If like me you really, truly, unhealthily enjoy reasoning about consciousness, the biennial Tucson Science of Consciousness get together has posted abstracts of presentations from its just-concluded conference. It was that conference and my discovery of David Chalmers' description of the "hard problem" of consciousness that got me interested in philosophy of mind in the first place, and I've since written about it here many, many times. If it's any consolation, I suffer just as much as you do.
At any rate, this ought to keep you busy for the next 24 months.
On Splintered Mind Eric Schwitzgebel describes his '08 Tuscon presentation and his doubts about the whole we'll-figure-it-out consciousness enterprise. If I understand his position correctly, brain science might eventually provide a truthful account of phenomenal experience, but subjective report is ultimately needed and those reports can be shown to be unreliable, as he has demonstrated through some experimentation.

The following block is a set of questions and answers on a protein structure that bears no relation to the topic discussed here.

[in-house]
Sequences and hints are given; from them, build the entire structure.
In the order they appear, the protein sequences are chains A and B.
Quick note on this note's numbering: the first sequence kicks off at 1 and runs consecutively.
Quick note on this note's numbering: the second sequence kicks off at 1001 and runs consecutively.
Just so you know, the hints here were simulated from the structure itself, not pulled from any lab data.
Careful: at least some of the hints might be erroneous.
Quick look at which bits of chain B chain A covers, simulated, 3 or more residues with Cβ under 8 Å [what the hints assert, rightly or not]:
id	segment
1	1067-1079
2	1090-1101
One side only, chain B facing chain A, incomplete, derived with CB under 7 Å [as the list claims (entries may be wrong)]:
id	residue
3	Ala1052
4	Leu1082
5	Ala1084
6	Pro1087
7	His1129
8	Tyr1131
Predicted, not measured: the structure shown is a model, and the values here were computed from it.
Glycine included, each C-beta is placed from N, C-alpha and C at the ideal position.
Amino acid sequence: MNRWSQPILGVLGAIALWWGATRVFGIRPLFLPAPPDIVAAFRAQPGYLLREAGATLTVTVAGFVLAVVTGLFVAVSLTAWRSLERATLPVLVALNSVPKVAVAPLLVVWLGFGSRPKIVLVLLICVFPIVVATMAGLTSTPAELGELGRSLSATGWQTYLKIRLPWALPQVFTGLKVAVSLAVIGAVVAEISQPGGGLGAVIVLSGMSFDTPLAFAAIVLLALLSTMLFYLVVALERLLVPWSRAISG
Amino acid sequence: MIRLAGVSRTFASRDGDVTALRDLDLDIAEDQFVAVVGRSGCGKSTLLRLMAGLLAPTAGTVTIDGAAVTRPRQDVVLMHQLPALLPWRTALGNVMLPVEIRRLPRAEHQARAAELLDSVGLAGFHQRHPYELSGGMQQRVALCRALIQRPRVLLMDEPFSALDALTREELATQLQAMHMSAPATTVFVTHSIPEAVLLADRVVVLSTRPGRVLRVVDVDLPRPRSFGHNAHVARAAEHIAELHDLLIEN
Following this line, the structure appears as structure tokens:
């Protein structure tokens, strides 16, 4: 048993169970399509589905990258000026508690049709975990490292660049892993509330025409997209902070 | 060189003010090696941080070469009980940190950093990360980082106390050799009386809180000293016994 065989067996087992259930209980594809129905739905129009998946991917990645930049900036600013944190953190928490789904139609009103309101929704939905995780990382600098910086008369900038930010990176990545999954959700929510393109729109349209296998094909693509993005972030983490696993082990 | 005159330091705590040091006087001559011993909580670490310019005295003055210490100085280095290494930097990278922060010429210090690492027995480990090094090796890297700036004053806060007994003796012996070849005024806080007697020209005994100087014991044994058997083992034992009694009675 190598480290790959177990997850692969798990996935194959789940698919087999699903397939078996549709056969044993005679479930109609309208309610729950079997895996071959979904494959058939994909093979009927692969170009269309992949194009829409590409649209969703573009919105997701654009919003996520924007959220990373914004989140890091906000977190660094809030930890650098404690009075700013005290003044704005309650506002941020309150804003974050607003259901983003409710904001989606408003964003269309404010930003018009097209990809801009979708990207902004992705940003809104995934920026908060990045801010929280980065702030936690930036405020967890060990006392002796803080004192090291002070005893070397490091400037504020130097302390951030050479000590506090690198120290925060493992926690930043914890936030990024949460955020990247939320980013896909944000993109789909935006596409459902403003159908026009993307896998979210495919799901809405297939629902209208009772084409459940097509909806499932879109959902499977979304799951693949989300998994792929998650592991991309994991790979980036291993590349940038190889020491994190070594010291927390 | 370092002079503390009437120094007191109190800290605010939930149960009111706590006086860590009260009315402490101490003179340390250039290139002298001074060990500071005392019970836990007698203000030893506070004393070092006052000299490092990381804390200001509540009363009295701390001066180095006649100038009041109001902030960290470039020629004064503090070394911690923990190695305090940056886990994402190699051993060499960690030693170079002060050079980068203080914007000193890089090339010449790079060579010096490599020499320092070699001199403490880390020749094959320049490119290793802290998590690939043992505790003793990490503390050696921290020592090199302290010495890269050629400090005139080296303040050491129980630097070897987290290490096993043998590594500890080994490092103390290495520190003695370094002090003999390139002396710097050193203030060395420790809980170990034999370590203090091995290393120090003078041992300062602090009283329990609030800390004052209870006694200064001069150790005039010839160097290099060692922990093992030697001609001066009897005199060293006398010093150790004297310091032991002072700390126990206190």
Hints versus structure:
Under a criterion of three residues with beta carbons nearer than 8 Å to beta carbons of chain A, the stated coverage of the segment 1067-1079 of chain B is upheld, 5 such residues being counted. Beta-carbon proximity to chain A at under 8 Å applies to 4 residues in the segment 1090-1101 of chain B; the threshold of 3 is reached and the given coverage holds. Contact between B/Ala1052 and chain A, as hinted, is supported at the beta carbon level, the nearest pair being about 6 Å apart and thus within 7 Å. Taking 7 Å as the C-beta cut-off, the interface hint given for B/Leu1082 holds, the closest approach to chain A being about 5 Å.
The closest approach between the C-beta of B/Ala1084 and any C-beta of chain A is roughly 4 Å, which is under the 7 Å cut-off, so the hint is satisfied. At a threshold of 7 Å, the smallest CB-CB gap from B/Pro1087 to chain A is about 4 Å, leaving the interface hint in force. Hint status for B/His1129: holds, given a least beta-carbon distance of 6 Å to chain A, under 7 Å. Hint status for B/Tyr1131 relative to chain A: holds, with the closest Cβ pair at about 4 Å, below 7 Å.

Schwitzgebel offers a succinct explanation of this line of thought elsewhere on his blog.
Unlike natural and symbolic languages, which hold descriptive and predictive powers, your consciousness and mine is in direct contact the world, constantly editing reality so that it's intelligible and at some level, comprehensible. And unlike language, there are no one-to-one equivalences to be deployed in the conquest of matter, no clever formulas or stirring poetry to keep what's real at a manageable distance. Consciousness seeks meaning in a confrontation with everything, all at once.
This should boggle us. I'm not surprised that the mechanism itself should incomprehensible. And I too tend to think it will remain so.
Like I said, I enjoy this stuff.
Reading these words on your computer screen, you're probably aware of a certain phenomenal experience of your own. Something like 'wow!" And by "wow!" you're thinking that "Wayne has just had another one of his crap-tasm's!"
I wouldn't know what you mean.